Why Does AI Consume So Much Energy?
While there should be little doubt Artificial Intelligence (AI) is here to stay and will continue to rethink how we work and play, perhaps a quick pause is necessary to surface a very important question that threatens to burst the AI bubble: Why does AI consume so much energy?
To get to the bottom of this thorny question, I was able to catch up with Lyline Lim, Head of Impact and Sustainability at PhotoRoom, a leading AI photo editor. According to Lim, AI models consume so much energy because of the vast amount of data that the model is trained on, the complexity of the model, and the volume of requests made to the AI by users.
AI Training and Energy Consumption
During training, the AI model “learns” how to behave based on a large set of examples and data. Training an AI model can take anywhere from a few minutes to several months depending on the amount of data and complexity of the model. During this time, GPUs – a type of electronic chip used to process large amounts of data – are running 24 hours per day, consuming a large amount of energy.
“The more complex the model and bigger the dataset, the more energy the AI will use during training,” said Lim.
Inference and Energy Usage
Another reason for energy consumption is when the AI is making an inference, the process of answering users’ queries. The AI first “understands” the query then “thinks” of an answer before sharing the conclusion to the user. Each AI inference requires GPU processing power, which uses energy. “The more popular the AI model, the more inferences will be run, and the more energy will be consumed,” said Lim.
Making AI functionality more sustainable
For most companies, the biggest incentive to make AI functionality more sustainable is cost and user experience. The AI industry is relatively new, and at the stage where companies are looking for quality rather than cost or speed of execution.
“There is so much growth and investment that cost is still a secondary for consideration for most businesses in the AI space,” said Lim. As more AI models require more and more GPUs, the GPU providers may struggle to keep up. This increase in demand might eventually lead to providers increasing the cost of their GPUs, which would force AI companies to use GPUs more efficiently.
Over the long term, AI companies will also be vulnerable to any increase in energy costs, also incentivizing businesses to become more cost and energy efficient.
Environmental impact of AI tools
In the AI space, environmental impact is highly related to cost-efficiency and user experience which are central topics for any business. Lim believes there is no doubt AI innovators all along the chain will take the topic seriously as the AI market matures, regardless of their initial care for the environment.
“Reducing the environmental impact of AI tools is tightly aligned with improving the user experience, and cost efficiency,” said Lim. “If your model is slower, you will spend more on computing power, and the user will suffer from a slower experience. So, if you can work on making your model faster, your user will have a much better experience, you will reduce your costs and reduce energy consumption. Making AI models cost-effective is aligned with reducing environmental impact and providing the best experience for the user.”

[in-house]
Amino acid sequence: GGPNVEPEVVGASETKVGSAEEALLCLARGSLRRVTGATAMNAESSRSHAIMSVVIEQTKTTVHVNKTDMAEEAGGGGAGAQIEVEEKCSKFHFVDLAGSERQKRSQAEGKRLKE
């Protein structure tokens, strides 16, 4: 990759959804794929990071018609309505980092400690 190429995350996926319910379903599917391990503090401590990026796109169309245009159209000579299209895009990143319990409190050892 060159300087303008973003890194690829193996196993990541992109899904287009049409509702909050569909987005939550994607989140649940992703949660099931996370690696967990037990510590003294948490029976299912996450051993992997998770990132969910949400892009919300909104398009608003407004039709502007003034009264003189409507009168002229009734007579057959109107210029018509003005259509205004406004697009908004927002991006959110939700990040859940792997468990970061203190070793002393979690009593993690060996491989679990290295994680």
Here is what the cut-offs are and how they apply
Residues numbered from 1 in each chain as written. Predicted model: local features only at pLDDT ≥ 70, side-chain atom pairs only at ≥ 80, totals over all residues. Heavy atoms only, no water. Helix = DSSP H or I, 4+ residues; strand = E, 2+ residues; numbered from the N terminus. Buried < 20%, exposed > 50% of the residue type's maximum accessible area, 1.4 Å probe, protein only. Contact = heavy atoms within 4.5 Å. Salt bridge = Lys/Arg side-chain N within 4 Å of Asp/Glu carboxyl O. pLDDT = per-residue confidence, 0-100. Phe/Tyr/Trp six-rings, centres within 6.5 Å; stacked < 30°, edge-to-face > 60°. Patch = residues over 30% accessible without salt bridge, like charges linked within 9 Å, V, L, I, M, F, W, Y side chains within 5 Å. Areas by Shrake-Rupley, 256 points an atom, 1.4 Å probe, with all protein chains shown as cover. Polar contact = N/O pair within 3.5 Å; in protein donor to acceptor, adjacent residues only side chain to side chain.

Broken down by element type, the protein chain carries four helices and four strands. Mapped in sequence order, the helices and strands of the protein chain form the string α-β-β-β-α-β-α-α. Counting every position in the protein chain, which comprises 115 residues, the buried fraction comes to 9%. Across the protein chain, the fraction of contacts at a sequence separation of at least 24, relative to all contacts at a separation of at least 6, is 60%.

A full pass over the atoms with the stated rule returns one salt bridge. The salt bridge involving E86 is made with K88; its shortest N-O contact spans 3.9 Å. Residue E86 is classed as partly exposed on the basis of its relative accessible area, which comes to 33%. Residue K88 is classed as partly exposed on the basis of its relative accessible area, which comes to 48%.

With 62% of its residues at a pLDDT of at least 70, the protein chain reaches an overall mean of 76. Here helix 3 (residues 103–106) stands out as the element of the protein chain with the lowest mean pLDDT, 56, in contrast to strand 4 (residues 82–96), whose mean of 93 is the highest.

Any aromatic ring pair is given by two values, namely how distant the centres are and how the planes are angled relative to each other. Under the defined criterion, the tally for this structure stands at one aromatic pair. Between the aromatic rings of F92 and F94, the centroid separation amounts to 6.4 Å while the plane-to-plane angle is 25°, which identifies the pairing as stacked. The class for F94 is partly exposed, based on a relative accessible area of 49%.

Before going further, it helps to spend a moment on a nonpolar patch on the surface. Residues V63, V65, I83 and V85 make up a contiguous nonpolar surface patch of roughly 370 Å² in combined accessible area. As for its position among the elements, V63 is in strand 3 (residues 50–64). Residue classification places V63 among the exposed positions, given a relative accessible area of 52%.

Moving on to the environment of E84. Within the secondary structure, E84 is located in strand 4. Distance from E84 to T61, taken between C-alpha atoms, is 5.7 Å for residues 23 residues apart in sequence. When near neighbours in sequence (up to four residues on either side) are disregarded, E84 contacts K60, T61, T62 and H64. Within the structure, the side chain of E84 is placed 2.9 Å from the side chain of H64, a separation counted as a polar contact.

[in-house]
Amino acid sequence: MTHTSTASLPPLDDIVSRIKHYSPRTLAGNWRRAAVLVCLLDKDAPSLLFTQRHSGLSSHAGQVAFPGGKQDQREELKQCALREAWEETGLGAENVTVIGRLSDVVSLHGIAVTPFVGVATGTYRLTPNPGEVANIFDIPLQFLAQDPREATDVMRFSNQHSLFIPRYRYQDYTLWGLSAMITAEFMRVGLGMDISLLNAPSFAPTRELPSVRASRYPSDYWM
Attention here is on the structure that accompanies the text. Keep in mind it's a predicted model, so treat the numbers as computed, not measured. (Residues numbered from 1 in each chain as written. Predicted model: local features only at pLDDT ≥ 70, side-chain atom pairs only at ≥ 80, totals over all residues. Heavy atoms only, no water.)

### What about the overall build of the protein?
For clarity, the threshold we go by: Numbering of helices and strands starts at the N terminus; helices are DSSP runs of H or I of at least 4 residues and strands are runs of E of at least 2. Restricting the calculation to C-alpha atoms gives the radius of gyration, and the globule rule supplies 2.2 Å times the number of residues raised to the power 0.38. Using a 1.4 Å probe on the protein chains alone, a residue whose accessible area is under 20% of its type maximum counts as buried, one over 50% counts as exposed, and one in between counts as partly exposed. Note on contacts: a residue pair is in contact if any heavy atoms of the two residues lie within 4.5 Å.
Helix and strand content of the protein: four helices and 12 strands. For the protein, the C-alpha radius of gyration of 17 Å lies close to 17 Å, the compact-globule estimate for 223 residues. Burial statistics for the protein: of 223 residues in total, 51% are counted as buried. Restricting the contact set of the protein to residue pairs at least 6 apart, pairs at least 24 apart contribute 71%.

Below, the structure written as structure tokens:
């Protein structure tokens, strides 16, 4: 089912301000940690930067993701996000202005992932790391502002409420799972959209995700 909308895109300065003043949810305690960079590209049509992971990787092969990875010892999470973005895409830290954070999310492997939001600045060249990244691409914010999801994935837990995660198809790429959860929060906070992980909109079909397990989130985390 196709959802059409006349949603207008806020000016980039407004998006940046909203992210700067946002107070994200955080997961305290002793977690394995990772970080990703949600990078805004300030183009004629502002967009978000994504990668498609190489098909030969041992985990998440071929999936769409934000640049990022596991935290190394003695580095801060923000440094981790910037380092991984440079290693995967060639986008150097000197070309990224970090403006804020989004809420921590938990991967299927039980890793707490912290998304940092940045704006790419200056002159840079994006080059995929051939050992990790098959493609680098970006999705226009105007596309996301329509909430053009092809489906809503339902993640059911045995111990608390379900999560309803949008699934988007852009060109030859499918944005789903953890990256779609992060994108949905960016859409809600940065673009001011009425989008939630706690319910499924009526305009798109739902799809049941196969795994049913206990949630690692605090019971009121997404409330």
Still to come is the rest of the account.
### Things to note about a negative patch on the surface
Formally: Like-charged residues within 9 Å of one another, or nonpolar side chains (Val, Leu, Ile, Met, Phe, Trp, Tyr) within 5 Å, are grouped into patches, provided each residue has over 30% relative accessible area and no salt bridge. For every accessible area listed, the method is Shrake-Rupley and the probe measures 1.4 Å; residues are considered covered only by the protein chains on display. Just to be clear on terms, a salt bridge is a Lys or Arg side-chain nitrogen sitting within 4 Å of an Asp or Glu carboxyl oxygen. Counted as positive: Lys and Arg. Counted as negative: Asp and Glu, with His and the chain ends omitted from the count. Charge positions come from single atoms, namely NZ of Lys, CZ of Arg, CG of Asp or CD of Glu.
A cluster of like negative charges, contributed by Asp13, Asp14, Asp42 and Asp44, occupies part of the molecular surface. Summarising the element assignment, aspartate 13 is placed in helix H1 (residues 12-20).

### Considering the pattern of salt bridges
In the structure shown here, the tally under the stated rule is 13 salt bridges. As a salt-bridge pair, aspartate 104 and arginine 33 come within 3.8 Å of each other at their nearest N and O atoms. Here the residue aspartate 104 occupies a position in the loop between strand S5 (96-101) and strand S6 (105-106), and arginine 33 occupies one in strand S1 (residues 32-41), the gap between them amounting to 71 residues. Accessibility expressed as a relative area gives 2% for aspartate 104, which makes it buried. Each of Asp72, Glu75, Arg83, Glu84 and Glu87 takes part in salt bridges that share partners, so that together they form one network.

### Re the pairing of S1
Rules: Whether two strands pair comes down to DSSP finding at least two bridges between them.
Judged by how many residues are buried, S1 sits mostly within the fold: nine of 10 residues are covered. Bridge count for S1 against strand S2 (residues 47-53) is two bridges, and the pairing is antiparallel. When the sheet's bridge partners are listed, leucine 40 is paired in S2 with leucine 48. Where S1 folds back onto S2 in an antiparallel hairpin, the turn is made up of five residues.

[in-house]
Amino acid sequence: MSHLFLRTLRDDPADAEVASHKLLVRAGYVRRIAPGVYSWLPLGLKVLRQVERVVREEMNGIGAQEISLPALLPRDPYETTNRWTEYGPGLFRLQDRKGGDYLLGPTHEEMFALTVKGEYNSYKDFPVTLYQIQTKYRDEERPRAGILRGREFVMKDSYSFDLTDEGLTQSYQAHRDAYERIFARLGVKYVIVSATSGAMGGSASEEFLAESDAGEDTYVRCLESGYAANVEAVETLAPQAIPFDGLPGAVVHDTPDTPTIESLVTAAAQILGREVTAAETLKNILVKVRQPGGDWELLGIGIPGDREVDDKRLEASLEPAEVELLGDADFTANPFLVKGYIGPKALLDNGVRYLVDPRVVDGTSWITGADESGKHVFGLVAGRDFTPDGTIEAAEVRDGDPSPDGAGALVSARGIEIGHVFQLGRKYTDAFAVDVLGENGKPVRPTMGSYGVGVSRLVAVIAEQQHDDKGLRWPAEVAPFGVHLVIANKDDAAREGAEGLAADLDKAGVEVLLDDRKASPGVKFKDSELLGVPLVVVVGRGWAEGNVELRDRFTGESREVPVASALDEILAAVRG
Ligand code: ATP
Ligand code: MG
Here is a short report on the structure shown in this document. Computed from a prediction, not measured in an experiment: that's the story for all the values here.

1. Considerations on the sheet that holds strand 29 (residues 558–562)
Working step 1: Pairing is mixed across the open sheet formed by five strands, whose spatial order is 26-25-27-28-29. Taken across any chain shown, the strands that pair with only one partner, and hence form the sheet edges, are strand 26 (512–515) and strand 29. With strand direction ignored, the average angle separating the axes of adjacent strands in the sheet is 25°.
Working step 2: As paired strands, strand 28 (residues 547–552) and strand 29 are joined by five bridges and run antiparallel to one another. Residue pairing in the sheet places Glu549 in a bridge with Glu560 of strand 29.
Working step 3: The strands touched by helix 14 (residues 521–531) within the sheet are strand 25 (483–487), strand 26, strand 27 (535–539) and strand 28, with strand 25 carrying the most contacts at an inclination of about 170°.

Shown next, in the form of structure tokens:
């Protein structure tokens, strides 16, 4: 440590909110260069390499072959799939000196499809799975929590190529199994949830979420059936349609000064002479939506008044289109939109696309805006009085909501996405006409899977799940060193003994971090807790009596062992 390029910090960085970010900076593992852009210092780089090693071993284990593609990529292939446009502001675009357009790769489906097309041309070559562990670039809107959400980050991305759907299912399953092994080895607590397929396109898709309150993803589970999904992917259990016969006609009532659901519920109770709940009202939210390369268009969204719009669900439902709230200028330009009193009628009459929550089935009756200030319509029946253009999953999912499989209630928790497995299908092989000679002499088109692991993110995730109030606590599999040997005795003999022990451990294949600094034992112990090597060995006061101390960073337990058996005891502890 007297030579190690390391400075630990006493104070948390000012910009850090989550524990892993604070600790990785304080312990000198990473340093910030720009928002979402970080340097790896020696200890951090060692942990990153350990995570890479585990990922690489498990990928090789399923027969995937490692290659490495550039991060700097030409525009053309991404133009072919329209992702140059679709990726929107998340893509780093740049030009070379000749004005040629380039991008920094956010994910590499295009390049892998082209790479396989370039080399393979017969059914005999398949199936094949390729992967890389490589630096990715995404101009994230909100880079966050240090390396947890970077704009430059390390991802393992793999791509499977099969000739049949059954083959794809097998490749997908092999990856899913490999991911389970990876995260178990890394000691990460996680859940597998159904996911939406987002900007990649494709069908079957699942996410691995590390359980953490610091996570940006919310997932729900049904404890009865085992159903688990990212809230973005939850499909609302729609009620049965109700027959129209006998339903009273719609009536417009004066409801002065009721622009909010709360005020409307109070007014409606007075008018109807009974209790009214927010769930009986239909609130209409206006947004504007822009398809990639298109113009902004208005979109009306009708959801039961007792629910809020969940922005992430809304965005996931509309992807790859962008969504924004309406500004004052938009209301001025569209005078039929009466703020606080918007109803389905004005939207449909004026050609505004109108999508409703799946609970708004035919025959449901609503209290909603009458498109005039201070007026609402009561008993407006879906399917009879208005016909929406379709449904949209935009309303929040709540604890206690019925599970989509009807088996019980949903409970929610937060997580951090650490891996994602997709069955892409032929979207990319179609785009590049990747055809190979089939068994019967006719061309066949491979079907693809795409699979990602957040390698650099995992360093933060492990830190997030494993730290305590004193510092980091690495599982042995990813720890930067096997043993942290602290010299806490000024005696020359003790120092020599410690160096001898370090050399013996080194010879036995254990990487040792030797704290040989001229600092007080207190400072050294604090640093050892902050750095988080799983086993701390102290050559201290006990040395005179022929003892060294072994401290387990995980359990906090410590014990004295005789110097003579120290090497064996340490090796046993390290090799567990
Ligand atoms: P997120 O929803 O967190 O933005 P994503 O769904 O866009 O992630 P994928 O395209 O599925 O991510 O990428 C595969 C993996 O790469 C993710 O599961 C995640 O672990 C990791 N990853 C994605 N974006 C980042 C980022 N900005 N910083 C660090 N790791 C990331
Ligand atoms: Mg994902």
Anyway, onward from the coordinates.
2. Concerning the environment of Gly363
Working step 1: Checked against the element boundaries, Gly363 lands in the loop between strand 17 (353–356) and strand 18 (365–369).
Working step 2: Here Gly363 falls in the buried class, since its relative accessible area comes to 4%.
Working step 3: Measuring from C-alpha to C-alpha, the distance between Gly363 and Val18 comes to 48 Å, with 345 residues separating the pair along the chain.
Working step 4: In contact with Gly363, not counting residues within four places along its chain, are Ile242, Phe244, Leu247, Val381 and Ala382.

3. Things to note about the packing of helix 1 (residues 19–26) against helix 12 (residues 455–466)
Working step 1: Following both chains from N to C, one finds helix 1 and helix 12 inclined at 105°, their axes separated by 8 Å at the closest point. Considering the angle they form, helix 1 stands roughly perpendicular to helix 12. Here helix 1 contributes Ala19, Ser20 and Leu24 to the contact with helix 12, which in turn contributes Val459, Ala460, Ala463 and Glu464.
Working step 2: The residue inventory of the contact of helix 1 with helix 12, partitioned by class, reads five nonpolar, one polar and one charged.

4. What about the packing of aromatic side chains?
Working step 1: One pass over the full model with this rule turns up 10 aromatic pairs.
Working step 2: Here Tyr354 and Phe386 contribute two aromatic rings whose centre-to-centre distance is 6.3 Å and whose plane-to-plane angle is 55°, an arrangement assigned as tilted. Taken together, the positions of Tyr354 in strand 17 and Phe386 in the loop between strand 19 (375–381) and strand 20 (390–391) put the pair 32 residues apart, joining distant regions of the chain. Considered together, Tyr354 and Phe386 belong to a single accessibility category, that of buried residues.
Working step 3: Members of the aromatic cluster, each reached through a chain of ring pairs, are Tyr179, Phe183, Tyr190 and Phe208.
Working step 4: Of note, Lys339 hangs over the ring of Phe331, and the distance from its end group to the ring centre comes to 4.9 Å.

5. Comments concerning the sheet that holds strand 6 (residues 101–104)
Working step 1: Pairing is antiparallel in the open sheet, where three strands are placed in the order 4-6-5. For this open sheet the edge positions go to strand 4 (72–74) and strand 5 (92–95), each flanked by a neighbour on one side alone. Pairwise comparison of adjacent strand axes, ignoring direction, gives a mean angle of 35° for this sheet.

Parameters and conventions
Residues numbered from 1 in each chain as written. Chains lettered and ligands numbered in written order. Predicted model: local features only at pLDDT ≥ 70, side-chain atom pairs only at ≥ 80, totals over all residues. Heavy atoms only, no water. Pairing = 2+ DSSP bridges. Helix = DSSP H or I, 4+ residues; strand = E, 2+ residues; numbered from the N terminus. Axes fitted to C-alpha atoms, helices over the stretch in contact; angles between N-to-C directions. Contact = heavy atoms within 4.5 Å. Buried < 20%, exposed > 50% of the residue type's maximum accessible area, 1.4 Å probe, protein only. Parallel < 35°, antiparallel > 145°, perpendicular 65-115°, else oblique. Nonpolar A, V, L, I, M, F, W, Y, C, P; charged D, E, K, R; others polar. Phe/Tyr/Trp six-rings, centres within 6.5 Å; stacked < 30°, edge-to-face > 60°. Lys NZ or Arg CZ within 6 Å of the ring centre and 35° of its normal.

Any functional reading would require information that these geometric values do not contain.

Specialist AI models to the rescue?
According to Lim, generic AI models require much broader, larger datasets to be trained than specialist ones, and therefore consume far greater magnitudes of energy.
“By comparison, specialist AI models like PhotoRoom, which is tailor-made for product photography, consume far less energy,” said Lim. “We did the math and found that PhotoRoom consumes 164 times less energy than a generalist image model like Stable Diffusion XL.” Lim said the focus for PhotoRoom has always been about using technology in ways that are useful and accessible to users.
“We want to help more people make amazing photos–whether that’s a stay-at-home mom creating and selling her own jewelry part time who would never be able to afford a professional photographer, or an ecommerce team who are trying to automate manual tasks and simplify their workflows.”
PhotoRoom started by creating a phone and desktop app that could remove backgrounds better than anything else on the market, but quickly realized how big the opportunity for generative AI was going to be. Last year PhotoRoom built the first version of what became Instant Backgrounds, its generative AI background creator.
“This was a very successful bet for us,” said Lim. “We were the first to market with our AI background generator and Instant Backgrounds, and this helped us quickly build momentum, and just a year later we’re now the leader in AI photo-editing.”
Lim doesn’t believe AI, nor AI sustainability, is uncharted water for PhotoRoom.
“As a user-centric, mobile-first and AI-first company it has always been a priority for our team. We are composed of experts who have been working on these problems for many years. And we have developed our software with a great degree of consideration towards our energy consumption.”
PhotoRoom also reduces the environmental impact of client workflows, according to Lim.
“One ecommerce business told us they used to fly to the Alps to photograph their products, and now they are generating the same mountain scenes with PhotoRoom in seconds. This has been a game-changer for reducing the carbon footprint of their team, as the air travel industry is one of the biggest polluters on the planet.”
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